5. So the third time really was the charm for Mike Trout. I always find it interesting when someone wins a big award for a year that isn’t his best when he’s previously failed to win for a better year. Happens all the time. Now it becomes interesting to see what happens. Frequently a player keeps getting touted for an award, finally wins one, then sort of gets forgotten by voters. Wonder if that will happen to Trout?

6. And the ugly “can a pitcher win an MVP award?” question is upon us again. I always figure that it’s for the “most valuable player” not the “most valuable hitter” or “most valuable fielder” or “most valuable pitcher.” And the idea that between 1968 and 2014 no National League pitcher was more valuable than all the league’s hitters each and every year is simply silly. Of course the key word is “valuable.” I’ll be the first to admit that I define “valuable” differently than others (and if you’re honest, so do you). That’s actually one of the great things about “valuable”, it’s not self-defining. That makes it just nebulous enough to make it worthwhile to debate.

 

2012 Awards Season: Managers

October 29, 2012

The first NL Manager of the Year winner: Tommy LaSorda

The playing part of the 2012 season is now over and congratulations are in order to the Giants. We now begin the second part of the season, the awards and honors section. This part of the season lasts until January and includes all the postseason awards plus the two Hall of Fame votes. I’m going to take some time to voice my opinion on the awards by letting readers know both who I think will win and who I think should win. Frequently those aren’t the same people. I start with the Managers. Let me remind you that all awards voting is done before the playoffs begin so nothing that happens in the playoffs can affect the awards.

AL–I presume Buck Showalter will win. The Orioles hadn’t won in the 21st Century, lost one of their best players (Nick Markakis), battled the Yankees with their overwhelming salary advantage, and made the playoffs as a  wildcard team. That’s worthy of Manager of the Year in the American League. But let me remind you about Oakland and Bob Melvin. The Athletics last made the playoffs in 2006, then wandered through a wasteland with one semi-winning  season (2010 when they finished at exactly .500). They hired Melvin with about 100 games left (actually 99) in 2011 and this year they won the AL West. In doing so they put up the second best record in the AL (one game better than Baltimore, one game less than New York. They also had to take on the reigning AL champion (Texas) and won the head-to-head matchup that propelled them to the division title (remember Baltimore won a wild card, not a division). I think Showalter will win, but I wouldn’t be upset if Melvin (my choice) won the award.

NL–I presume this is Davey Johnson’s award. He took a team that had never won a thing, led it to the best record in baseball, had to put up with the Strasburg circus, and still found a way to win. Certainly nothing wrong with those credentials and ultimately I’d probably vote for him, but take a look at the following candidates. Bruce Bochy saw his ace, a two-time Cy Young winner, fall apart, replaced him with pitchers who were over the hill (Zito), or had twenty total wins going into the season (Bumgarner), or whose claim to fame was that he was pretty good in Japan (Vogelsong) and had only one decent year in the US. Then he has a team that finishes dead last in power (only two players available for the Series had double figure home runs). Finally, his best player and All Star game MVP (Cabrera) is banned for 50 games. The result of all this is a first place finish. Also take a look at Mike Matheny. I know he manages the reigning World Champions, but it’s not the same team as last season. Three quarters of his infield  is new. Pujols is gone replaced by Craig who isn’t a first baseman, Furcal goes down and is replaced by a rookie, Descalso has moved from third to second (but at least is still in the infield), Craig is on outfielder moved to third. That’s messing with half the starters. Top that off with losing his ace (Carpenter) and still the Cards made the playoffs. Not bad for a rookie manager.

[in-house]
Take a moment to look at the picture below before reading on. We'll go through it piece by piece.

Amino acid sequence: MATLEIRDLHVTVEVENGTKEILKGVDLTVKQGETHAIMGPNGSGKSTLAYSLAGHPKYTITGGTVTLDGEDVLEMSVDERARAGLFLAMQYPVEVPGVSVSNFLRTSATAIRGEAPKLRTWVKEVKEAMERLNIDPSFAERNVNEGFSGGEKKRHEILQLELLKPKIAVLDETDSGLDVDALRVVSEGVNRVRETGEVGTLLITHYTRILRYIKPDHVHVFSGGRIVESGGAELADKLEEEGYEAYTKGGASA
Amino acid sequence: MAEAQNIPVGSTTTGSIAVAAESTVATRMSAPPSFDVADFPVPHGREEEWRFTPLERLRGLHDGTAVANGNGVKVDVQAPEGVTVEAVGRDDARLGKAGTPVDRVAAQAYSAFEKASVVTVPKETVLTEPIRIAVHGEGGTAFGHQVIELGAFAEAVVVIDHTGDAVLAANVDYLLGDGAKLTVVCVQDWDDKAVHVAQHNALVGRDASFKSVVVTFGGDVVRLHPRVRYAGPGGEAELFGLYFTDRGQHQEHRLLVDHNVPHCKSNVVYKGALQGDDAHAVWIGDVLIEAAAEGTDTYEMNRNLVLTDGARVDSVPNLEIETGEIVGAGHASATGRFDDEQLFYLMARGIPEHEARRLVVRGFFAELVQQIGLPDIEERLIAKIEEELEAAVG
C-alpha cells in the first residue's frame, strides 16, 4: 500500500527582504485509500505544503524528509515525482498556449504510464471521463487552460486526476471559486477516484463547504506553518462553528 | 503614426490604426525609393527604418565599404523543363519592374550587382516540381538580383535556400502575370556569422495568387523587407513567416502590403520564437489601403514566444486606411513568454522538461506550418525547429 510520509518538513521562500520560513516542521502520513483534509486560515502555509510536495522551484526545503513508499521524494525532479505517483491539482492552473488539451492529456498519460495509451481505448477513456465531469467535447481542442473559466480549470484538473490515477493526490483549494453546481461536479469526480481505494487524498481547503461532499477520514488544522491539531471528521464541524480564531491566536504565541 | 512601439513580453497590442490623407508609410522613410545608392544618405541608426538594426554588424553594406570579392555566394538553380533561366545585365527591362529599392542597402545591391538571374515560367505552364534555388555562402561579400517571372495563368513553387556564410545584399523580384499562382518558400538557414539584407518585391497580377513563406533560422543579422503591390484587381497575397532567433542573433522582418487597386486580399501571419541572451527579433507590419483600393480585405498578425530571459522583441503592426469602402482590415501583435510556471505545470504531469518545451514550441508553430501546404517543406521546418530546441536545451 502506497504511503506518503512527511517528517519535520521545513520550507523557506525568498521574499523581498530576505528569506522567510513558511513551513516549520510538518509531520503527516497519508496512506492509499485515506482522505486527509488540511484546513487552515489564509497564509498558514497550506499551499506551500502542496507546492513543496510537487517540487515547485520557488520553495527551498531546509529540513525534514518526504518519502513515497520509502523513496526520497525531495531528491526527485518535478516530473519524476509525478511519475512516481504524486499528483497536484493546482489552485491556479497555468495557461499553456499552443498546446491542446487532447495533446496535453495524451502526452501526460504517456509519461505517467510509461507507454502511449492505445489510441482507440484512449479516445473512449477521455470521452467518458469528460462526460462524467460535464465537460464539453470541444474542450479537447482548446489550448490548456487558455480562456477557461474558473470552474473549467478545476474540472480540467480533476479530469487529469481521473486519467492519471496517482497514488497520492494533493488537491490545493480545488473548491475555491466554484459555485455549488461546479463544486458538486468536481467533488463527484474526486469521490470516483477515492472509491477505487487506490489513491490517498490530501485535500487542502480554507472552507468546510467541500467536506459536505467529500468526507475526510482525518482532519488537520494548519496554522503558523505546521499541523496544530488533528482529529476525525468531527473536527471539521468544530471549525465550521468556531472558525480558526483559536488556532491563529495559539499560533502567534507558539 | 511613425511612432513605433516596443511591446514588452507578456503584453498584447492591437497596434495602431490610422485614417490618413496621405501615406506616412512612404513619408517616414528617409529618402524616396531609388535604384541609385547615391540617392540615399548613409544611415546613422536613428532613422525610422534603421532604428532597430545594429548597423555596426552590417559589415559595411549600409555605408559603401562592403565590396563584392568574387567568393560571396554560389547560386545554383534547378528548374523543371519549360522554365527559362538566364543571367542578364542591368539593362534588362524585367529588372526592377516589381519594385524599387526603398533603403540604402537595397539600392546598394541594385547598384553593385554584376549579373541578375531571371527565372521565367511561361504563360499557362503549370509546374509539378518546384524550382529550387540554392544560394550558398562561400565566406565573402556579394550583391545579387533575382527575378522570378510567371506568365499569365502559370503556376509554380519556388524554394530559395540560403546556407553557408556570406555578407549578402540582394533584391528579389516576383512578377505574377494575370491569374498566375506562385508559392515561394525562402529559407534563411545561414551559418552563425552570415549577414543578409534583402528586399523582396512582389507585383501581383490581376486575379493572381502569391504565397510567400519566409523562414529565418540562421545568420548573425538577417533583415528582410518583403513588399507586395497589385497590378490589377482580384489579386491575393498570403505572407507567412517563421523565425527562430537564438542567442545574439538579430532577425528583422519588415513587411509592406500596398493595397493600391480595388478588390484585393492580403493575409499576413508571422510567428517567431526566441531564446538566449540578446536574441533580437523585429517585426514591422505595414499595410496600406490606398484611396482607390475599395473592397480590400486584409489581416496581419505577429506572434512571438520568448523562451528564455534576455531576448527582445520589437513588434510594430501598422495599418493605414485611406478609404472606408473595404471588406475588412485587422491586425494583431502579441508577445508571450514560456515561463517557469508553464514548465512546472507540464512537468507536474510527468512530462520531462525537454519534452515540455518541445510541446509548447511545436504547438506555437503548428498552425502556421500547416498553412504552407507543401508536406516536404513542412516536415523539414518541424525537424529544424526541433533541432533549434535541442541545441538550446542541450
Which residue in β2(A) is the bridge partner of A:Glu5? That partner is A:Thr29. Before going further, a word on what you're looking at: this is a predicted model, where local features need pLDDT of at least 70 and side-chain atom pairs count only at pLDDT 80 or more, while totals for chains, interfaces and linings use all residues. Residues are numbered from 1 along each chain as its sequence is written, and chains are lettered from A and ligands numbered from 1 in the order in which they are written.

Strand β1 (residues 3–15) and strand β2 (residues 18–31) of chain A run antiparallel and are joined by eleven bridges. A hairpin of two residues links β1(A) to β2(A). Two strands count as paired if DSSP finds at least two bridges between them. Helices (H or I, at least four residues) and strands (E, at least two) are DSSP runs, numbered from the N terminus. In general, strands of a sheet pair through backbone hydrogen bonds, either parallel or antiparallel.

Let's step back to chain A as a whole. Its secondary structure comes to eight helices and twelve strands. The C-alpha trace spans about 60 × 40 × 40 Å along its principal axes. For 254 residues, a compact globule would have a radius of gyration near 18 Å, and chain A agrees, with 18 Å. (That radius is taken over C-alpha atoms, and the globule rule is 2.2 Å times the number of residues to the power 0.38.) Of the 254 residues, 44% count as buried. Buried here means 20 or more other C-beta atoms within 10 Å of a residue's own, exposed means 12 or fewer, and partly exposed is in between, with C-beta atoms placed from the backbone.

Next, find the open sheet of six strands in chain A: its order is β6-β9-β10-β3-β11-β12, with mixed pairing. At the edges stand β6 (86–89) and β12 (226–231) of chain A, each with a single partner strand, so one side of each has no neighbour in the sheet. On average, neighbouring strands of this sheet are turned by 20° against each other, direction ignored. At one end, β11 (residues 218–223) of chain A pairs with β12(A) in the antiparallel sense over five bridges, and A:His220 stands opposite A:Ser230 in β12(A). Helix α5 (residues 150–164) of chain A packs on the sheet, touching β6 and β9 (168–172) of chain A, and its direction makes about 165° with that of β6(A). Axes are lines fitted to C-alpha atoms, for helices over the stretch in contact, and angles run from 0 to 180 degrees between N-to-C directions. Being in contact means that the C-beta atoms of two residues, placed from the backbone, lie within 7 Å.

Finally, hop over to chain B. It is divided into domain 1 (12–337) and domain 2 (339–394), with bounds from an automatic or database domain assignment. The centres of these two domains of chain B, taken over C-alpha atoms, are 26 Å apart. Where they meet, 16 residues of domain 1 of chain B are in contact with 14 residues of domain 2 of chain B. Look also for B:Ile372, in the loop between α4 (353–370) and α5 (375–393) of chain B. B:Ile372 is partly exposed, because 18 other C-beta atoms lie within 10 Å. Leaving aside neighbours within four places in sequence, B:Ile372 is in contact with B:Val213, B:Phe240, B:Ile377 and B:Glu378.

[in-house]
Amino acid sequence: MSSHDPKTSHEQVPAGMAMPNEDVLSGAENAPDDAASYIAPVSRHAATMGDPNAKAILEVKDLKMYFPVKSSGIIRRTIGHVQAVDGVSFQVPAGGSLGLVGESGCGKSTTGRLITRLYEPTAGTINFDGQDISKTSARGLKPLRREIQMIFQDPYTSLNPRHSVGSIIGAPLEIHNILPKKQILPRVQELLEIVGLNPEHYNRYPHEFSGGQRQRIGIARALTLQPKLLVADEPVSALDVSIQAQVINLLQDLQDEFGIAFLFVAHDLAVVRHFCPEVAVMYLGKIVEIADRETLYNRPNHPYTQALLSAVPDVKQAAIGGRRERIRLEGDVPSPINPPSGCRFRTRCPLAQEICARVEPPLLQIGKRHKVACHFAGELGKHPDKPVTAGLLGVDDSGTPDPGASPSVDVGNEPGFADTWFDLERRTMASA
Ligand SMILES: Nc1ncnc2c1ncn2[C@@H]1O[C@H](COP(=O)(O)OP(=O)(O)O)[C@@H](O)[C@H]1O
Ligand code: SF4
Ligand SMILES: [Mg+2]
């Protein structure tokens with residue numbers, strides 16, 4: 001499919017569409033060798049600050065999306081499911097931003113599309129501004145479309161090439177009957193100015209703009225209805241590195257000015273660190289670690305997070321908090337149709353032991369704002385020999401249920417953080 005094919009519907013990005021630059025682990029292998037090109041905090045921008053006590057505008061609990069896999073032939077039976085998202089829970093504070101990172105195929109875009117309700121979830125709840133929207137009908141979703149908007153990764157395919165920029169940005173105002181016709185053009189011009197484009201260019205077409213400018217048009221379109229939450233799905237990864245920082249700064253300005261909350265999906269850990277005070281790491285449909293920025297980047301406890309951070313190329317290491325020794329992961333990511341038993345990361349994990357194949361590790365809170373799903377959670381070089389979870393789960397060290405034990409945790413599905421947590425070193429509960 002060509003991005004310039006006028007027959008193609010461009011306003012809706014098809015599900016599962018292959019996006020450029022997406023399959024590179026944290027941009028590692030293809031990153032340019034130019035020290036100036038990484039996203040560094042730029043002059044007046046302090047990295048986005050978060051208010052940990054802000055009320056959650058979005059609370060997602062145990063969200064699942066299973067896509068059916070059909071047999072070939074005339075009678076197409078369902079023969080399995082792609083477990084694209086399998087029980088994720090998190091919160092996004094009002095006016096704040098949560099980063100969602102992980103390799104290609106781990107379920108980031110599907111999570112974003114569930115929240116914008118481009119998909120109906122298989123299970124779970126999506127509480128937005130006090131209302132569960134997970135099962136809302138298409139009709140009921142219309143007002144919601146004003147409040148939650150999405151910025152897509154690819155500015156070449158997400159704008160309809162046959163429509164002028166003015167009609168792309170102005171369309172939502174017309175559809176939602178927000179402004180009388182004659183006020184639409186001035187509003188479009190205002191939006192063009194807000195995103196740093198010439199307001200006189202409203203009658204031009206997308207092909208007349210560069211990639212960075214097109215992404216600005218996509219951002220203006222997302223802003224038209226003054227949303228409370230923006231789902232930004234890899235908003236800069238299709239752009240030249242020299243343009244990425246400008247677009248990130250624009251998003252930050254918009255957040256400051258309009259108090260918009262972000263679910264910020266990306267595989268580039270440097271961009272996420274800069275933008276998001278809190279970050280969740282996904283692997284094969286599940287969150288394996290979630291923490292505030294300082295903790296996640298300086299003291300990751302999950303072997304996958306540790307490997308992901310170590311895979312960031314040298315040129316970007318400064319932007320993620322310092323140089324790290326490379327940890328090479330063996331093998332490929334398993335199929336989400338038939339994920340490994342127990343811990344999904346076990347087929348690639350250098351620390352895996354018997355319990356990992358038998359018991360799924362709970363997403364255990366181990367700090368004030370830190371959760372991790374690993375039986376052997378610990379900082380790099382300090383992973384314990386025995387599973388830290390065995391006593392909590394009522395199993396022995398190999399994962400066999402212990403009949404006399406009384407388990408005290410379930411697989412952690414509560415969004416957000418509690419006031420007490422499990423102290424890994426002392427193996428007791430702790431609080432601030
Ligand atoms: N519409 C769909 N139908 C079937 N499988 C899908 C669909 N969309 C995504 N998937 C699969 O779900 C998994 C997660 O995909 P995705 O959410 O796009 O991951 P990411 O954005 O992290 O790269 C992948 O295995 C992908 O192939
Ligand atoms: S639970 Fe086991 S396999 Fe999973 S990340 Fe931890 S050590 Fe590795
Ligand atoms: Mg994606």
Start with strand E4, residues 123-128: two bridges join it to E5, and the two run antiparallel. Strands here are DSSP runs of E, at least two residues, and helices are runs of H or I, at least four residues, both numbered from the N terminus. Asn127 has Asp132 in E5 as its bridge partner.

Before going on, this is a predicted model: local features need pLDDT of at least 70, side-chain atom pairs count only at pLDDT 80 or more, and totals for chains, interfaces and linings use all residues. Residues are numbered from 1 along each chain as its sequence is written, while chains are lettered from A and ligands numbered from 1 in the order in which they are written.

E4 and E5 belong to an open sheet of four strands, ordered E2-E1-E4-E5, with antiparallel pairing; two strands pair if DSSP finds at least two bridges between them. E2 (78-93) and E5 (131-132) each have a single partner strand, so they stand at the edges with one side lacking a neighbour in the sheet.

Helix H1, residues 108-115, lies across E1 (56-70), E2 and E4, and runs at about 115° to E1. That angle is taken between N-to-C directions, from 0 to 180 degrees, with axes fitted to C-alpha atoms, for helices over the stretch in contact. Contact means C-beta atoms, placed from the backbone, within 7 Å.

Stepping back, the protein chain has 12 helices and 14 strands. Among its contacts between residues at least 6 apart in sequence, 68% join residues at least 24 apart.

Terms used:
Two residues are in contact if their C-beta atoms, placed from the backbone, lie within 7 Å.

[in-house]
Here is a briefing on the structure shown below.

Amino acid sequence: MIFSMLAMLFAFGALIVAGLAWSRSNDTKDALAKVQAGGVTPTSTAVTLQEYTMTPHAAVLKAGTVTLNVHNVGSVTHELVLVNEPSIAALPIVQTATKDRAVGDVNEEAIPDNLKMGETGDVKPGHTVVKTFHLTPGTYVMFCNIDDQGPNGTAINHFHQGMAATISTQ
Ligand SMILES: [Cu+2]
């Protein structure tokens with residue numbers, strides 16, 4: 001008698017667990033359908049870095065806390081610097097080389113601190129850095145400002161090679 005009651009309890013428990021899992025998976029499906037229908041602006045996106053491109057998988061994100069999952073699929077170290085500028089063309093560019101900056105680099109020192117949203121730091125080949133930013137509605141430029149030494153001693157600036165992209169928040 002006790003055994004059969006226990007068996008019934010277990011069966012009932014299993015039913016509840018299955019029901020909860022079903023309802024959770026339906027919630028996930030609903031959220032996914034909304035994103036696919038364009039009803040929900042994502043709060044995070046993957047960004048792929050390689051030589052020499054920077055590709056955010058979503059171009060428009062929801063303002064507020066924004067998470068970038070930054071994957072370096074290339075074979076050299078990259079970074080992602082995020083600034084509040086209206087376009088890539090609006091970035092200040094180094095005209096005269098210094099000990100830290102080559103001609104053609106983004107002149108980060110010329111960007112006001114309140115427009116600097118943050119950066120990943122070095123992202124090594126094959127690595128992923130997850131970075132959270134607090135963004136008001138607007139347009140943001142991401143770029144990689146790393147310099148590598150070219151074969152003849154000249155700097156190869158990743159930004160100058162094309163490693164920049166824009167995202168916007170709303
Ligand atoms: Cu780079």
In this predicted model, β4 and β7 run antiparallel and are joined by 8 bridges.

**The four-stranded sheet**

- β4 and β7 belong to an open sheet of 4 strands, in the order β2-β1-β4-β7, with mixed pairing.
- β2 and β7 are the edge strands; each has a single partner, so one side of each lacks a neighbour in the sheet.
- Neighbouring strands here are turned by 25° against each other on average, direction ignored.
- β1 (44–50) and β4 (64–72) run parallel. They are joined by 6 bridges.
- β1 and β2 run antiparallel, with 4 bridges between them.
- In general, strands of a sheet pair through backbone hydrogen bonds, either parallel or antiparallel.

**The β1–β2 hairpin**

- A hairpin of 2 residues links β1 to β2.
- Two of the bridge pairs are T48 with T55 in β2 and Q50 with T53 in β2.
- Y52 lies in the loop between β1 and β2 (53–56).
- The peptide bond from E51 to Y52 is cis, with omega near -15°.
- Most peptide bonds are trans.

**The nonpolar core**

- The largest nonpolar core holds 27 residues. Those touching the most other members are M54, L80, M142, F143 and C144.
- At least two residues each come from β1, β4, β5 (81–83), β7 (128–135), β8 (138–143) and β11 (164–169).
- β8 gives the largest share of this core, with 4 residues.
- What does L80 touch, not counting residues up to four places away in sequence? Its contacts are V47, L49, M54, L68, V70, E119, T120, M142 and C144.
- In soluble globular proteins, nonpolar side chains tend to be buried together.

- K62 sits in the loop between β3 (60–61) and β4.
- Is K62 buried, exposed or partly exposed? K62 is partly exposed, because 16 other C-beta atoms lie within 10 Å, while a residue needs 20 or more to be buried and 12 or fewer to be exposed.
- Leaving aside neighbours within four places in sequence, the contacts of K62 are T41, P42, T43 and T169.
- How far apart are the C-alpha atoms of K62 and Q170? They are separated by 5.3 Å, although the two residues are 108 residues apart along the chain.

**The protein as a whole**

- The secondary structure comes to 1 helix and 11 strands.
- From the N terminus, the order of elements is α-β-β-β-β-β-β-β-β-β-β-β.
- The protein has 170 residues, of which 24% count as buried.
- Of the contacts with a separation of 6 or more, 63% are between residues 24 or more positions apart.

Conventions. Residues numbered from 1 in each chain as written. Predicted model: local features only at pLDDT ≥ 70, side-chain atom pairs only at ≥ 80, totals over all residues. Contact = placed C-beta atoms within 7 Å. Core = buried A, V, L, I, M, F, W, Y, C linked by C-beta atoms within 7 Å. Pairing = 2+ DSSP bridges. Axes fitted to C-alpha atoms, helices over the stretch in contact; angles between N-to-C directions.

I think that Showalter and Johnson will win and if they do they won’t be bad choices, but don’t forget the others. They deserve a lot of  credit for the success of their team.

Random Thoughts for the Midpoint of the 2012 Season

June 13, 2012

As I will be gone for the period leading up to the Fourth of July, I decided to post my midseason thoughts a little early, realizing that they may be out of date by the Fourth.

1. The American League East is starting to come around to what we expected. Tampa and New York are in first, Toronto is falling back. The strange teams are Baltimore and Boston. Did you really think Baltimore would be only one game out this late in the season or that Boston would be last? Both fooled me. Of course if you think about it Buck Showalter is a heck of a manager and the Red Sox are really starting to age. So maybe I shouldn’t have been fooled.

2. Whatever happened to Detroit? Weren’t they supposed to run away with the AL Central and then pummel the opposition in the playoffs? There are three aspects to baseball: offense, defense, and pitching. Someone forgot to tell Detroit you had to be able to catch and throw the ball. Oops. I’m not surprised by what’s happened to the Twins, but I’m saddened. They traditionally do more with less than anyone else and it’s finally caught up to them. Joe Mauer has his average back above .300, but the power seems to be gone. He’s 29 and that’s getting into the age range where catchers start imploding. And Justin Morneau seems to suffer a power drought also, although his average has begun climbing in the last month. Even Ron Gardenhire, a really good manager, isn’t going to get this team into contention.